Señora Sabasa García Francisco de Goya Buy Art Prints Now
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Tom Gurney BSc (Hons) is an art history expert with over 20 years experience
Published on June 19, 2020 / Updated on October 14, 2023
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Created between 1806 and 1811, this unique portrait is now permanently housed in the National Gallery of Art in Washington. The dimensions are 78 x 51 cm.

The subject, Señora Sabasa García lives on through time. Her pale skin and curly dark blonde hair reveal a young woman who is self-confident but a little vulnerable. Her youth and apparent innocence are attractive and draw out the protective instincts of those who view the portrait. This is actually considered to be one of Goya's finest portraits. He doesn't show any setting or background. The subject is the sole focus of the portrait. It was created over a period of five years, so the setting may have changed over time. However, we get the impression that the artist is despensing with details and focussing on the lady's lustrous eyes and extreme youthfulness. The details of her mantilla are not shown, just a gauzy, transparent impression.

Her dewy, youthful complexion, large eyes and innocent-looking curls are the focus, as is her greenish-gold shawl. Señora Sabasa García by Francisco de Goya is a picture of innocence, youth and vulnerability. This lady was a well-connected Spanish woman with a distinguished background. Her real name was María Garcia Pérez de Castro, known as Sabasa to all in a country where the name María was very common. Her uncle was Spain's Minister for Foreign Affairs, Evaristo Pérez de Castro. Legend has it that Goya met the young woman on a visit to her uncle's house. He was so struck by her beauty that he asked for permission to paint her.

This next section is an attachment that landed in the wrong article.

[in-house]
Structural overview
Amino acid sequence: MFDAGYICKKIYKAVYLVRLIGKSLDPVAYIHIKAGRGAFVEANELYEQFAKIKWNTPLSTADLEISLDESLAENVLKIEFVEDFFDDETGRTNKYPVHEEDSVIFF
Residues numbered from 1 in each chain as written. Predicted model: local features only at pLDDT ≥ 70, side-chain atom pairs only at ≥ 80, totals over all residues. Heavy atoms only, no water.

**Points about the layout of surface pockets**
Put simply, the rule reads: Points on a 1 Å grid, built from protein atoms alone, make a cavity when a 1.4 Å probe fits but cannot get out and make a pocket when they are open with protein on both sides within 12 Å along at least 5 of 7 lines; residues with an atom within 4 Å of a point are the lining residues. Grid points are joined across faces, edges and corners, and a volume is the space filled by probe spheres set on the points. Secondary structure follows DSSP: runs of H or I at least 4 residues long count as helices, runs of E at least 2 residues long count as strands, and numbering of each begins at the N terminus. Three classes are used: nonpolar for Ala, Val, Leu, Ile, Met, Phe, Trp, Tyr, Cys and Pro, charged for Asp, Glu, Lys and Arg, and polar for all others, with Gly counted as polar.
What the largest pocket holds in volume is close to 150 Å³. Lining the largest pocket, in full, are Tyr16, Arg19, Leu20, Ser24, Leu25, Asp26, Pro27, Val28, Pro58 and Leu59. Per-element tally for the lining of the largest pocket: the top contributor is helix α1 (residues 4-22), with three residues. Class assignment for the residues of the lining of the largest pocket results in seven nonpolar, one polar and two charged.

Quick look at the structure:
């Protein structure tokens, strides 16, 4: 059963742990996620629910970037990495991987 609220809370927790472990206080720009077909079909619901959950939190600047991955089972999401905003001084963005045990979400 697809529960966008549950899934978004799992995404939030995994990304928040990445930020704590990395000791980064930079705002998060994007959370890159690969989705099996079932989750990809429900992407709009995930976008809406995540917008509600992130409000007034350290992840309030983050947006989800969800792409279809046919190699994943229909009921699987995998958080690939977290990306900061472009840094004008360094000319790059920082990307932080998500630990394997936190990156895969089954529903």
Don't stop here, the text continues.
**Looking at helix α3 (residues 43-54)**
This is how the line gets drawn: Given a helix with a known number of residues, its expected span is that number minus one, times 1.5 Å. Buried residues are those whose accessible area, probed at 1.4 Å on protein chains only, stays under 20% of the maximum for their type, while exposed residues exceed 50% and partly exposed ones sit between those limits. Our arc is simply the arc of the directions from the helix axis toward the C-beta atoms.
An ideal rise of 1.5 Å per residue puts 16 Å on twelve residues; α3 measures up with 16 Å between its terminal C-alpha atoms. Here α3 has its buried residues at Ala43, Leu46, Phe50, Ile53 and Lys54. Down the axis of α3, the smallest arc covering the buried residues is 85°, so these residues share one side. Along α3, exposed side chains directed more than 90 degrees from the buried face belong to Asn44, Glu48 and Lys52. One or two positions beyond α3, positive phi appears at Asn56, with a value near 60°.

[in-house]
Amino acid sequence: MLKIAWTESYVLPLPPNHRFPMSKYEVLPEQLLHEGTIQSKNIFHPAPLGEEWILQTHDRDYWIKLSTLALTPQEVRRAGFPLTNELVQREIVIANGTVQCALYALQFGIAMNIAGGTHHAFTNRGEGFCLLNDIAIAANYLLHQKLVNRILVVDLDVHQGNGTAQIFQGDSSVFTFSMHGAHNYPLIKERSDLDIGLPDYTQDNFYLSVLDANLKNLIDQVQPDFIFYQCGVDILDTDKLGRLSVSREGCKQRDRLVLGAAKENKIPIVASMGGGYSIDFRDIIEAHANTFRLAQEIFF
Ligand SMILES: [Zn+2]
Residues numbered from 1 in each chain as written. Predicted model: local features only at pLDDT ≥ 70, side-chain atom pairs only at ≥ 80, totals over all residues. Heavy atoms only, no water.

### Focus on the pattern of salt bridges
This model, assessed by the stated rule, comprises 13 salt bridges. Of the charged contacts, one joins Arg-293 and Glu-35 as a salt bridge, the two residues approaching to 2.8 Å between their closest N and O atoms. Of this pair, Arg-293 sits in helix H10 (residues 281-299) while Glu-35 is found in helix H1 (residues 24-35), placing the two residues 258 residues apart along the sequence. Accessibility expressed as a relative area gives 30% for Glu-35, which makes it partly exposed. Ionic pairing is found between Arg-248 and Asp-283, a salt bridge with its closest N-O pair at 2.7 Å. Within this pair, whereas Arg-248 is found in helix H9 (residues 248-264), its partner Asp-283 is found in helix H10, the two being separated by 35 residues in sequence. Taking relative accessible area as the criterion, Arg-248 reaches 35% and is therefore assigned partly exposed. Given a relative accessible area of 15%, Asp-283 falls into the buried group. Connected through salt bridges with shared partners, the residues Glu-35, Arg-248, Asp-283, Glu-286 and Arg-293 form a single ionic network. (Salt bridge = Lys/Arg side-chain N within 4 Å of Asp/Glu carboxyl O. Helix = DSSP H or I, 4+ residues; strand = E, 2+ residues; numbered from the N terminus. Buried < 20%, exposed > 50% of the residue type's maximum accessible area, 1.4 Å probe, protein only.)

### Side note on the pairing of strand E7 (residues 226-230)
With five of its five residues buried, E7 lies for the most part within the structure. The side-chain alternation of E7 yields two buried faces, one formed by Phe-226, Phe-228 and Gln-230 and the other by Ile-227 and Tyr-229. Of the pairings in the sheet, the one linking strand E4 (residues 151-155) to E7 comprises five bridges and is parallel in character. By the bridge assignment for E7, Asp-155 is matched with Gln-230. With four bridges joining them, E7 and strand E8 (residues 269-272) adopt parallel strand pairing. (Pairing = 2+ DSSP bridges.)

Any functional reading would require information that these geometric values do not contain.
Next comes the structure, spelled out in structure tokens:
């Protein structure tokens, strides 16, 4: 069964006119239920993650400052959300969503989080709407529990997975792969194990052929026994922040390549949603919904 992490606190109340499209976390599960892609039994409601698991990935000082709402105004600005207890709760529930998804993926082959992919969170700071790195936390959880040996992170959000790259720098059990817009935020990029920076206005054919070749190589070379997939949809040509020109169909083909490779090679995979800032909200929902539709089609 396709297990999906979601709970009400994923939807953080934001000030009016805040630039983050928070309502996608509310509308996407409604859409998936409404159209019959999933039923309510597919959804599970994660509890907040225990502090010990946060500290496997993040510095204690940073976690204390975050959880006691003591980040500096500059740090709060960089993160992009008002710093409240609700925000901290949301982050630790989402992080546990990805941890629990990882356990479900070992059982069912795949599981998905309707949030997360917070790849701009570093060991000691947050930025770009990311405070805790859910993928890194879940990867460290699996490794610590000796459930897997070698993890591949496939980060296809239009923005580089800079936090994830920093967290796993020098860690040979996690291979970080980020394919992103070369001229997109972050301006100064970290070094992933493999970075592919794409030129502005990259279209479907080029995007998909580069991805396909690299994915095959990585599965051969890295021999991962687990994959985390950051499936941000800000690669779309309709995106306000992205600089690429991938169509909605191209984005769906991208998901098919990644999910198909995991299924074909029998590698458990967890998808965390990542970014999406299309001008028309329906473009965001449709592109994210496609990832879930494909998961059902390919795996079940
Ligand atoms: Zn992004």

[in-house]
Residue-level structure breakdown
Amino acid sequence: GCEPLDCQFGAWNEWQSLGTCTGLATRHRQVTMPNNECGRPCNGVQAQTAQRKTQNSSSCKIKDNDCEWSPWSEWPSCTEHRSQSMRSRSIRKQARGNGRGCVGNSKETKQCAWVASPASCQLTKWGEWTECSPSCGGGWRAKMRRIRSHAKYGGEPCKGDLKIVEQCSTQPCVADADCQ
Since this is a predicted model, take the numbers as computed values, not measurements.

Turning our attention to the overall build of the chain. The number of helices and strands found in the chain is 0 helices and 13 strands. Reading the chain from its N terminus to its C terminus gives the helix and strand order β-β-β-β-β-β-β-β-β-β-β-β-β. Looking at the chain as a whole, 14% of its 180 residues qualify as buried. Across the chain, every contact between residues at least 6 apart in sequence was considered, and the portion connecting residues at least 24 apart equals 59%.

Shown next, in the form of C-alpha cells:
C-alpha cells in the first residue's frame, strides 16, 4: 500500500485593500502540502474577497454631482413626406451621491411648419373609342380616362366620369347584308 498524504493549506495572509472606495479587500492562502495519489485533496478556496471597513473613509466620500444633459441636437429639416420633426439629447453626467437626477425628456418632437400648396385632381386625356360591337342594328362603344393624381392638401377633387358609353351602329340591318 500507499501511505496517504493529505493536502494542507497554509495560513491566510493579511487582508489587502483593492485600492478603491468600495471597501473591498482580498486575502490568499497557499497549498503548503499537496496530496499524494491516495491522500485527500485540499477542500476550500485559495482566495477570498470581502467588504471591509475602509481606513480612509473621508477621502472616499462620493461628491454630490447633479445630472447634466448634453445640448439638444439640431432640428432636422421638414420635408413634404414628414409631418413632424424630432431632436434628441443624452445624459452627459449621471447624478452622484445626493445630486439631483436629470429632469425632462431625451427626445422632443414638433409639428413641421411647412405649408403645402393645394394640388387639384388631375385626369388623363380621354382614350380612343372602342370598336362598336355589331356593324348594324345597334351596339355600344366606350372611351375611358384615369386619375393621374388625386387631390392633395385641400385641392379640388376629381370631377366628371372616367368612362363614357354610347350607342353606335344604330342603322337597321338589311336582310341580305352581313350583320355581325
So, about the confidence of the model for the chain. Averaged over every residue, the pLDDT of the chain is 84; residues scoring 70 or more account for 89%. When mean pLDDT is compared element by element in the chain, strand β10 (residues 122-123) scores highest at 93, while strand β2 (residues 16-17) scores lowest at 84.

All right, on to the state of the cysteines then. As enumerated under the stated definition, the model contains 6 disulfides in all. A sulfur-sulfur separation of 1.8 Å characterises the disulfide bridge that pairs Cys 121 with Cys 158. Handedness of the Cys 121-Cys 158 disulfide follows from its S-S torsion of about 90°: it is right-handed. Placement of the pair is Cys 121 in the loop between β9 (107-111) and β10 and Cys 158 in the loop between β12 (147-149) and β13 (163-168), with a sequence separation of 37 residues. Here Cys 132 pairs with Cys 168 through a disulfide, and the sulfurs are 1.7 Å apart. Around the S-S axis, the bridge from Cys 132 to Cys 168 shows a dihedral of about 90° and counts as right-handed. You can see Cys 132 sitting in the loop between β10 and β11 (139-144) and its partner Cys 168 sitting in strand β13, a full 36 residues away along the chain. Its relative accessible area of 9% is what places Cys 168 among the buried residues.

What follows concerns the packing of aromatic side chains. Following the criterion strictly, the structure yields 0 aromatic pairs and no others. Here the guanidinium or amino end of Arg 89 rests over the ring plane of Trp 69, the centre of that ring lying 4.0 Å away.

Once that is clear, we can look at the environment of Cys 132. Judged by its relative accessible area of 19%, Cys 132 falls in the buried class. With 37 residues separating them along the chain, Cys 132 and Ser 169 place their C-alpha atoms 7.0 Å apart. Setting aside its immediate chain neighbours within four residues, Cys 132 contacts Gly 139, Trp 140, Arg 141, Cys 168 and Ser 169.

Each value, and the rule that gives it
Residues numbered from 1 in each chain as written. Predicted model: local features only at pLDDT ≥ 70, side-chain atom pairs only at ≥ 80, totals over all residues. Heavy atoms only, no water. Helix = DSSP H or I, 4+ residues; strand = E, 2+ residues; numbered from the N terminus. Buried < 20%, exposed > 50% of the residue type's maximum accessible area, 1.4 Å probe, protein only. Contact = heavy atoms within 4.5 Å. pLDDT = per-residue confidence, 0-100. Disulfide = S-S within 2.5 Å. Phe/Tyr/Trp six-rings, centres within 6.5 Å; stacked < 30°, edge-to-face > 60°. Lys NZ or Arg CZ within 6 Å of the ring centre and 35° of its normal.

An artist of the Romantic tradition in the late 18th century and early 19th century, Goya had a long, fascinating life. He grew as an artist, painted for cream of society and struggled with health issues, both physical and mental. His oil-on-canvas work graphically illustrates the struggle between light and darkness that raged in his soul. Indeed, this portrait shows beauty, youth and innocence surrounded by darkness. That youth, beauty and innocence appears to light up the darkness, or rather, to outshine it in all its radiance and simplicity. Goya seemed to be at his most creative when illustrating that struggle between darkness and light. In the case of this portrait, the light and the good wins over the darkness. It's not hard to believe that Goya was struck by the lady's beauty and desired to paint her portrait for posterity.